Robert Muggah is the co-founder of the Igarapé Institute and SecDev Group. Athena Kolbe is an assistant professor of social work at the University of North Carolina
The familiar stench of burned rubber hung in the air. Haiti’s streets were once again strewn with smoldering barricades after more than a million people participated in demonstrations over the past month. At least seven Haitians were killed, and towns across the country were in lockdown. Protesters mobilized online and off in response to a spiralling corruption scandal involving the country’s President, Jovenel Moïse. At issue this time is malfeasance involving the Petrocaribe fund.
Protesters were adamant that Mr. Moïse must step down. Their demands began gathering steam after auditors revealed how billions of dollars went missing from the special fund set up to pay for oil from Venezuela at cut-rate prices. Investigations revealed how a company overseen by Mr. Moïse was richly rewarded through the Petrocaribe fund for a road construction project, in a deal for which no contract was signed. At least 15 former ministers and senior officials are caught up in the scandal along with the President.
This example is just the latest in the long-running story of a country crippled by government corruption. And amid all this corruption lies the central question of whether Haiti’s elites and foreign donors – including Canada – are prepared to drop their support of this government and give democracy a chance to take hold.
The small-scale protests organized on the WhatsApp messaging platform in early February that ballooned into mass demonstrations – some of which turned violent – are not the first time Haiti has experienced social media-enabled protest. In July last year, Prime Minister Jack Guy Lafontant announced a 40-per-cent hike in fuel prices during a World Cup match, and even before the final whistle had blown, Haiti’s streets swelled with defiant young men and women calling for Mr. Lafontant’s ouster. The Prime Minister resigned within the week.
Those protests flared up again in October and November and have led to last month’s crisis. While the recent headlines are focused on the Petrocaribe scandal, Haitians have plenty of other reasons to be upset, not least of which are energy shortages, rising food prices, the high cost of living and a government skimming millions of dollars in public funds.
But still, the most fundamental grievances are ultimately about entrenched corruption and the illegitimacy of the country’s leaders. Haiti is one of the world’s most corrupt countries, ranking 161 out of 180 countries according to Transparency International.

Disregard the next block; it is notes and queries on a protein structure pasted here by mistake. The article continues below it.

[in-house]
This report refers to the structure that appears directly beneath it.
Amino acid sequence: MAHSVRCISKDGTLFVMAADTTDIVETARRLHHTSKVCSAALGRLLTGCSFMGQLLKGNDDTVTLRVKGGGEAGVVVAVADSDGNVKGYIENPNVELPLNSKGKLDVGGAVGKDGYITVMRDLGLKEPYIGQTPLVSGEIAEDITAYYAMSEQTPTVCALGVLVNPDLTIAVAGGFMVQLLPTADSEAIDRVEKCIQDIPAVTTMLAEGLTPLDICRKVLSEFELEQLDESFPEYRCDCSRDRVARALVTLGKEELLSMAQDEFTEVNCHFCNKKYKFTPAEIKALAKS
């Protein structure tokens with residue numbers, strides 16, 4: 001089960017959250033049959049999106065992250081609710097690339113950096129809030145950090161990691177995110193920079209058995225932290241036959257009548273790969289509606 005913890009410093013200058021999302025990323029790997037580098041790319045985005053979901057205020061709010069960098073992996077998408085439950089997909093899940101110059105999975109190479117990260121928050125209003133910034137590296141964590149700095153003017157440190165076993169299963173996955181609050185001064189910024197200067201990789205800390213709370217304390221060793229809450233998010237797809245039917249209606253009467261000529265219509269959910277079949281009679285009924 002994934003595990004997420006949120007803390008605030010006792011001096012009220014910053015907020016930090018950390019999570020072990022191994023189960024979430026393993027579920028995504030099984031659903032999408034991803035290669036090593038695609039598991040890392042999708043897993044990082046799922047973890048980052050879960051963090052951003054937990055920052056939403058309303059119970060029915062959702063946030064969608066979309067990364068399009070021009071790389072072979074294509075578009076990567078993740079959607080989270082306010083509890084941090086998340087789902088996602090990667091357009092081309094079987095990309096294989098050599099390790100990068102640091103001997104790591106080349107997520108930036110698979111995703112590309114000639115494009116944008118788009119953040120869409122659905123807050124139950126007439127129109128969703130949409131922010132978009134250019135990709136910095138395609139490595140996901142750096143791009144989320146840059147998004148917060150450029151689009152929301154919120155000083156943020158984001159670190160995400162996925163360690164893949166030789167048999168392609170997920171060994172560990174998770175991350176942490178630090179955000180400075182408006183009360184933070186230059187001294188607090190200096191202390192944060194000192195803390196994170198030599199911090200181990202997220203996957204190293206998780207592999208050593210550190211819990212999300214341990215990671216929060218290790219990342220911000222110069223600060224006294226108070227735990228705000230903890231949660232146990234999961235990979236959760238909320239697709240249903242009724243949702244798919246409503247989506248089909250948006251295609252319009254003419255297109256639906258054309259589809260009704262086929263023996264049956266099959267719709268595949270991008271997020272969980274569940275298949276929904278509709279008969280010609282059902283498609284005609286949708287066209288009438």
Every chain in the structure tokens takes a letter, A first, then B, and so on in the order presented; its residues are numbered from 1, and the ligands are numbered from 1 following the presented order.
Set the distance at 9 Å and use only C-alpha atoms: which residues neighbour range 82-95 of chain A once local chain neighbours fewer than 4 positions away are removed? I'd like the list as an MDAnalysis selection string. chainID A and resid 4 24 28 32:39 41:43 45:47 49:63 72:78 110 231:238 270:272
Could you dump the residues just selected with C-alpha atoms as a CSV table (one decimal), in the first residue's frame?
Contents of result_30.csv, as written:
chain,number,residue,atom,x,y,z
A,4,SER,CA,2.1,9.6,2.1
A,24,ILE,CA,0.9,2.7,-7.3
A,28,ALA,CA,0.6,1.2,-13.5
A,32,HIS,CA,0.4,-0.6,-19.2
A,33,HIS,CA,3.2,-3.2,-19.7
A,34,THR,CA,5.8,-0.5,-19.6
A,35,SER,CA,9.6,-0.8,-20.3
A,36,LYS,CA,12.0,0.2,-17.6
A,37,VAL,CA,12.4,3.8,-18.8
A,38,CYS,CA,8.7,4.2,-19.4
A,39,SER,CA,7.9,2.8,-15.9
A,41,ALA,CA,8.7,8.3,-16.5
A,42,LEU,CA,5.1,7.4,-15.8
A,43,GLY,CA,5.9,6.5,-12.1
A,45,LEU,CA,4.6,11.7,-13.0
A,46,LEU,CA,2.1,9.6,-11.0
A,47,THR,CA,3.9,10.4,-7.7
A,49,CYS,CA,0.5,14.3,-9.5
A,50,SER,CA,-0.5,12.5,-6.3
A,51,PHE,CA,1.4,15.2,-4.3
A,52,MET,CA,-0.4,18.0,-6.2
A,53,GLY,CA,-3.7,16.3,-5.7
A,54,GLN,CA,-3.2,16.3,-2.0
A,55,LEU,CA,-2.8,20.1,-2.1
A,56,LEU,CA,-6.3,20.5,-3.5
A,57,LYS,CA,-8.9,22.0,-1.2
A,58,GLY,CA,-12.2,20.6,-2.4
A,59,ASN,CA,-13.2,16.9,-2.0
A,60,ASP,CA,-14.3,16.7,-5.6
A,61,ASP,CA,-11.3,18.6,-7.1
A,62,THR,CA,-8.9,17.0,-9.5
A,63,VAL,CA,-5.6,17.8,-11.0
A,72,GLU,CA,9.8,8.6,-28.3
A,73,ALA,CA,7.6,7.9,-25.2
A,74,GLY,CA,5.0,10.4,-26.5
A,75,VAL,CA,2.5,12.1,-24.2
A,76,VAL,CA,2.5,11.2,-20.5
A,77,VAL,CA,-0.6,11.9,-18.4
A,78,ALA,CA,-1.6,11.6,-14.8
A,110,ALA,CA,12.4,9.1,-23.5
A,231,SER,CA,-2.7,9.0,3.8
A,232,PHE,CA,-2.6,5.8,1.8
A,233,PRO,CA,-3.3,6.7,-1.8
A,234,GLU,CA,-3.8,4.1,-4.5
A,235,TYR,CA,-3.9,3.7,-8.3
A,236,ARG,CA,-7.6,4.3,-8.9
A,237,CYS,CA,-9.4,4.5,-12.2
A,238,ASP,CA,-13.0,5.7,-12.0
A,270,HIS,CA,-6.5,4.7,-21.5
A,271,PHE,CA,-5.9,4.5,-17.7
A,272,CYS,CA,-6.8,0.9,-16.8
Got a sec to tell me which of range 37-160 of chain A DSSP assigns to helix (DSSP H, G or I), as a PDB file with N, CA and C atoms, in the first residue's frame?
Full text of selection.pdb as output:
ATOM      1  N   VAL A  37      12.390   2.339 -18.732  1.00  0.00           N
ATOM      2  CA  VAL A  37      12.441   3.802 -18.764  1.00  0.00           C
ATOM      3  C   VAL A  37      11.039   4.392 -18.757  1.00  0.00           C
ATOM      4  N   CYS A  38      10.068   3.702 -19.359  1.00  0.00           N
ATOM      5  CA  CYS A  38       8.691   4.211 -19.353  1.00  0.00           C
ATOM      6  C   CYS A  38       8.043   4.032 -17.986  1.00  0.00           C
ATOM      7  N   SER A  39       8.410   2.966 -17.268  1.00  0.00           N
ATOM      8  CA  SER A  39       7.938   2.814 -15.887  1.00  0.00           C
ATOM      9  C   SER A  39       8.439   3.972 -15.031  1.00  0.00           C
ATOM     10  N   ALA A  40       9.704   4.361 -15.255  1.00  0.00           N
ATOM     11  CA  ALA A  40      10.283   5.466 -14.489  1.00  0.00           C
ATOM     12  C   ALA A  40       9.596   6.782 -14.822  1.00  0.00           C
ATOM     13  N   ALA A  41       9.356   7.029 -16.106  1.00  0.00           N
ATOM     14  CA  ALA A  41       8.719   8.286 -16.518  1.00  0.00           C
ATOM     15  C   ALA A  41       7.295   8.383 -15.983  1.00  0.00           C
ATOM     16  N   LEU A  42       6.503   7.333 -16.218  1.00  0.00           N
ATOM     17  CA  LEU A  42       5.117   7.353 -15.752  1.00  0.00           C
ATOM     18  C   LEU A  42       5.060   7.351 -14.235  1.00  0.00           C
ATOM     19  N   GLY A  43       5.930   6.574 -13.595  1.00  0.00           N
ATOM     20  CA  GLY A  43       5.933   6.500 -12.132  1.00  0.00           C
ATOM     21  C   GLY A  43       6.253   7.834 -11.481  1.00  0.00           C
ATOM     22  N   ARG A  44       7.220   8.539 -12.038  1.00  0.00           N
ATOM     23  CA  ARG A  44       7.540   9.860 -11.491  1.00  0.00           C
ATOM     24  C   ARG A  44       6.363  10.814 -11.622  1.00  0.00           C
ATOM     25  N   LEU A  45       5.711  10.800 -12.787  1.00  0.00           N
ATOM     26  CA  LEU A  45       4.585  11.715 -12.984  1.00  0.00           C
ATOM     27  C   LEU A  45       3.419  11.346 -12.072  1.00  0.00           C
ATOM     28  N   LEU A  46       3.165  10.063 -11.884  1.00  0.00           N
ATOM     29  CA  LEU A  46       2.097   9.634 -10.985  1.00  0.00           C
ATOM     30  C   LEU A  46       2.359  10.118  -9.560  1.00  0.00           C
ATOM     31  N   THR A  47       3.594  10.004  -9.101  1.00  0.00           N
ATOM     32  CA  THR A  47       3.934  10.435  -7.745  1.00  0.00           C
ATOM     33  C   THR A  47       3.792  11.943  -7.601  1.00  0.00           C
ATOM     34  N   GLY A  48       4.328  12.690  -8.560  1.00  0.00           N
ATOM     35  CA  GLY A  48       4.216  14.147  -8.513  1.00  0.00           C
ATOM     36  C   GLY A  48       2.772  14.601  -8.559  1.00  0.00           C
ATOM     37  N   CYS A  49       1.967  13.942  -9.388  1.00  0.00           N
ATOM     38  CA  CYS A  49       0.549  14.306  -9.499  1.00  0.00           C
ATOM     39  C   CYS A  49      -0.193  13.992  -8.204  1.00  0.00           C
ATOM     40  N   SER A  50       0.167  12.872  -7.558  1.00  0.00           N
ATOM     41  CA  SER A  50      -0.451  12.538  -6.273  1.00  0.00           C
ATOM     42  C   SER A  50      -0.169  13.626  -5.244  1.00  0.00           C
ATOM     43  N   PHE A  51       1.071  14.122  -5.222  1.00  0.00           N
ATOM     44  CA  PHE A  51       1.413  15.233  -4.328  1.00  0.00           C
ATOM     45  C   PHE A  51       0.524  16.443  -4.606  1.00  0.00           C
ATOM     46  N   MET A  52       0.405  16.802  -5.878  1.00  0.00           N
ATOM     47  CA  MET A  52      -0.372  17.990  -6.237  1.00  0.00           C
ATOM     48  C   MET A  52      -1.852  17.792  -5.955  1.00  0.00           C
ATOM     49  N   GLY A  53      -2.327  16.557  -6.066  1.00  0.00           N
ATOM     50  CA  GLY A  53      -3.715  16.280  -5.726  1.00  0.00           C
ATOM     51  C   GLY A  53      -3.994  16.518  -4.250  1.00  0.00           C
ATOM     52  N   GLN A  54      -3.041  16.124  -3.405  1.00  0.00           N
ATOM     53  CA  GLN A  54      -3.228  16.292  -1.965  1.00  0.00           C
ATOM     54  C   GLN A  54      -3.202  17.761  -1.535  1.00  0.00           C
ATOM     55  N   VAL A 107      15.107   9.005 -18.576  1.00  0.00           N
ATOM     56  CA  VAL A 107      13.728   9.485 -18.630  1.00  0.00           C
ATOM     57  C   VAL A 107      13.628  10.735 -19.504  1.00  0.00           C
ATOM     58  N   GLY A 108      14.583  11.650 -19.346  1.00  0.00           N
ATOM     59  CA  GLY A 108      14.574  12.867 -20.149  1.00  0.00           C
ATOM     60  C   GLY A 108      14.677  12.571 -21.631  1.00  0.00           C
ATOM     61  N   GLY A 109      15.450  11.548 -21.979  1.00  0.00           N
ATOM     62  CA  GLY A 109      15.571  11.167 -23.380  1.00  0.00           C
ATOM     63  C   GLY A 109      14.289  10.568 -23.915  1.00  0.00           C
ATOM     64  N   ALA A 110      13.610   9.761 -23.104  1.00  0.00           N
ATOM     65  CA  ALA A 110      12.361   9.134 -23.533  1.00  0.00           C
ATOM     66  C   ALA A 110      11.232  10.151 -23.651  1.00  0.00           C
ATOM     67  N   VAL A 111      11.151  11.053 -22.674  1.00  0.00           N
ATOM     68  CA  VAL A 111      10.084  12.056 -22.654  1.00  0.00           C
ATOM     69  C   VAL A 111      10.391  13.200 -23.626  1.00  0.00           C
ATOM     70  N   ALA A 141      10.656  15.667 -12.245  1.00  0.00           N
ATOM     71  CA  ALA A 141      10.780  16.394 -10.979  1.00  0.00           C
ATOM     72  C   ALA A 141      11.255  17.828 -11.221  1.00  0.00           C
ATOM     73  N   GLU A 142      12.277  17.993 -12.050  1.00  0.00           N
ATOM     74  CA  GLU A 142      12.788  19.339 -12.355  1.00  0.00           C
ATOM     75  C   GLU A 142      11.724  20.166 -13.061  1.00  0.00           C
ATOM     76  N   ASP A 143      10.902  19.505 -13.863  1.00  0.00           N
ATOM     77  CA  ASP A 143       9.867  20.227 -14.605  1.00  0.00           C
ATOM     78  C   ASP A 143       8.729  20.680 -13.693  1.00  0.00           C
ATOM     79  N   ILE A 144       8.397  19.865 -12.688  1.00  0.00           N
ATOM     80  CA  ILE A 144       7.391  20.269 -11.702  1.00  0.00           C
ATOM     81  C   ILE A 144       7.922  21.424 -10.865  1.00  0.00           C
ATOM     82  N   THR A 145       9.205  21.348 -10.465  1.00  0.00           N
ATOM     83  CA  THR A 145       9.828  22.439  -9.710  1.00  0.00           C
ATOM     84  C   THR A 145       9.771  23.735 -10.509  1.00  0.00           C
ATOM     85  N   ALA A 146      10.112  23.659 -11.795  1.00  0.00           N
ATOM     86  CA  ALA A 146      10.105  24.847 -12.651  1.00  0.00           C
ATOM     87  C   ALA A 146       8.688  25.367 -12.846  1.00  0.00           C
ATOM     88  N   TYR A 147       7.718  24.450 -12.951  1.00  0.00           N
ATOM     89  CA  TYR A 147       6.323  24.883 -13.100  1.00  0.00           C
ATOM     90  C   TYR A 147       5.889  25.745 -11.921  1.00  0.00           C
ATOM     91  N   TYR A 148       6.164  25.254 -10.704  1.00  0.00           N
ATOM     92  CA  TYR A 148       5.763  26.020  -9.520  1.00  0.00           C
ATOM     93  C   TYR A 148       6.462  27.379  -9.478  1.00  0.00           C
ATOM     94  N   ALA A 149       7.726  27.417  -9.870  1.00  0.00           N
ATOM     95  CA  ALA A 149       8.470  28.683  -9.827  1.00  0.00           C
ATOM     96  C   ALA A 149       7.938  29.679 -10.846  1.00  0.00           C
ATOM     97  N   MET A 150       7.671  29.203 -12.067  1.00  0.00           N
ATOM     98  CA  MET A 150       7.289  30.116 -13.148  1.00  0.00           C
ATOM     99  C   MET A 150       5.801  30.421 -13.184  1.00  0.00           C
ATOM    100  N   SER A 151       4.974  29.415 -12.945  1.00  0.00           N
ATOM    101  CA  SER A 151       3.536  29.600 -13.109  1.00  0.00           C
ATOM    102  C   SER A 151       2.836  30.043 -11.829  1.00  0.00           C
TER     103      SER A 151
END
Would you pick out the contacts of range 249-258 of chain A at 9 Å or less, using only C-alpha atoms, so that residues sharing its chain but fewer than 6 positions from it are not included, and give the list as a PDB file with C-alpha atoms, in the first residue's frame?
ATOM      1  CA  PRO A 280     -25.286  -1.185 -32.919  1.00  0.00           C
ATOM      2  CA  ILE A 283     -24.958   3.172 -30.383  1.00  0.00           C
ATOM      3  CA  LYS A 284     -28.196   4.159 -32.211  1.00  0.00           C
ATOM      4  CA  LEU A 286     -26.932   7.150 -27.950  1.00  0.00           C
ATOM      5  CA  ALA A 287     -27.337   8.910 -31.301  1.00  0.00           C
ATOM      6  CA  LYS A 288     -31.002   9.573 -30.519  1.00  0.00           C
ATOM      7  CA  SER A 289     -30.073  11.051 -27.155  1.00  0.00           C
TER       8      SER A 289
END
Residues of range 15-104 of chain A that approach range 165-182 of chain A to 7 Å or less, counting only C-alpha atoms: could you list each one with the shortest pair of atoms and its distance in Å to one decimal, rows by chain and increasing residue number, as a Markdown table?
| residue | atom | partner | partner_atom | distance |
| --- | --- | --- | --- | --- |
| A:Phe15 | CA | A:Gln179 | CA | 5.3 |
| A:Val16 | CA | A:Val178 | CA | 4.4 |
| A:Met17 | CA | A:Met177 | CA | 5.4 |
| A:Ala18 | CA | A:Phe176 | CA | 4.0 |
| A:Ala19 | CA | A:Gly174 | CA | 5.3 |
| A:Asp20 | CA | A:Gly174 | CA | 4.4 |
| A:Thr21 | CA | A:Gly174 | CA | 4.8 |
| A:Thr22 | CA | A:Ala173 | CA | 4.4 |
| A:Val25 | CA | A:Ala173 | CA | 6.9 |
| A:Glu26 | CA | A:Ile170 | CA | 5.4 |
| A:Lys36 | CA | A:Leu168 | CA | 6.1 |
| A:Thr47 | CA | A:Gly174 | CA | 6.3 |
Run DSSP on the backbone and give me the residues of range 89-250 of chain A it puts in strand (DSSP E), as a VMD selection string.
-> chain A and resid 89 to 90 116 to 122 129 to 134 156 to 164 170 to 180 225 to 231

Many of the country’s power brokers are determined to maintain a status quo of inequality, and foreign governments have not always been helpful in addressing the problems. Long-standing donors such as the United States, France and Canada reaffirmed their support for Mr. Moïse, despite his brazen misuse of public funds and the lack of equality in the country.
Demonstrators were also marching to protest the flawed presidential elections over the past few years. In 2015 and 2016, the Igarapé Institute, a Brazilian-based think tank, surveyed Haitian citizens about their faith in democracy and their personal experiences with the electoral process. Haiti had just undergone a heavily disputed election in which Mr. Moïse, a wealthy member of the country’s business elite, was pitted against the more popular Jude Célestin, a socially progressive but politically moderate engineer who was popular across Haiti’s sharply divided classes.
The election of Mr. Moïse was confounding for several reasons. Back in 2016, when we asked which of the two candidates respondents preferred before and after the first round of voting, 91 per cent selected Mr. Célestin. At the time, just 3 per cent of the 1,766 adults we randomly surveyed said they planned to vote in the next presidential election. Many of them said the process was neither free nor fair. Roughly 19 per cent said there was “no point” in voting, 15 per cent feared violence at the polls, and 13 per cent said they wouldn’t vote because “politicians don’t care about people like me.”
In the end, few Haitians even bothered to vote. The government agency overseeing elections reported that just 18 per cent of Haiti’s eligible voters participated in the first round of presidential elections, and slightly more than 21 per cent came out in the second round. There were also reports of extensive ballot-box stuffing during both rounds, with charred ballots found behind voting sites. And while the newly elected President was embraced by Haiti’s business elite and foreign donor countries that supported the country’s elections and subsidize the government budget, most Haitians viewed the elections as deeply flawed.
The reality is a large majority of Haitians have never considered Mr. Moïse to be their legitimately elected leader. Many are profoundly frustrated that democracy – just like the missing Petrocaribe funds – is being stolen from them again.
Even if Mr. Moïse does step down, there is turbulence ahead. Whilst the threat of violent demonstrations may have temporarily subsided, widespread anger will simmer below the surface, waiting for another opportunity to erupt. Protests will only come to a halt for good when all Haitians are confident that their vote really counts.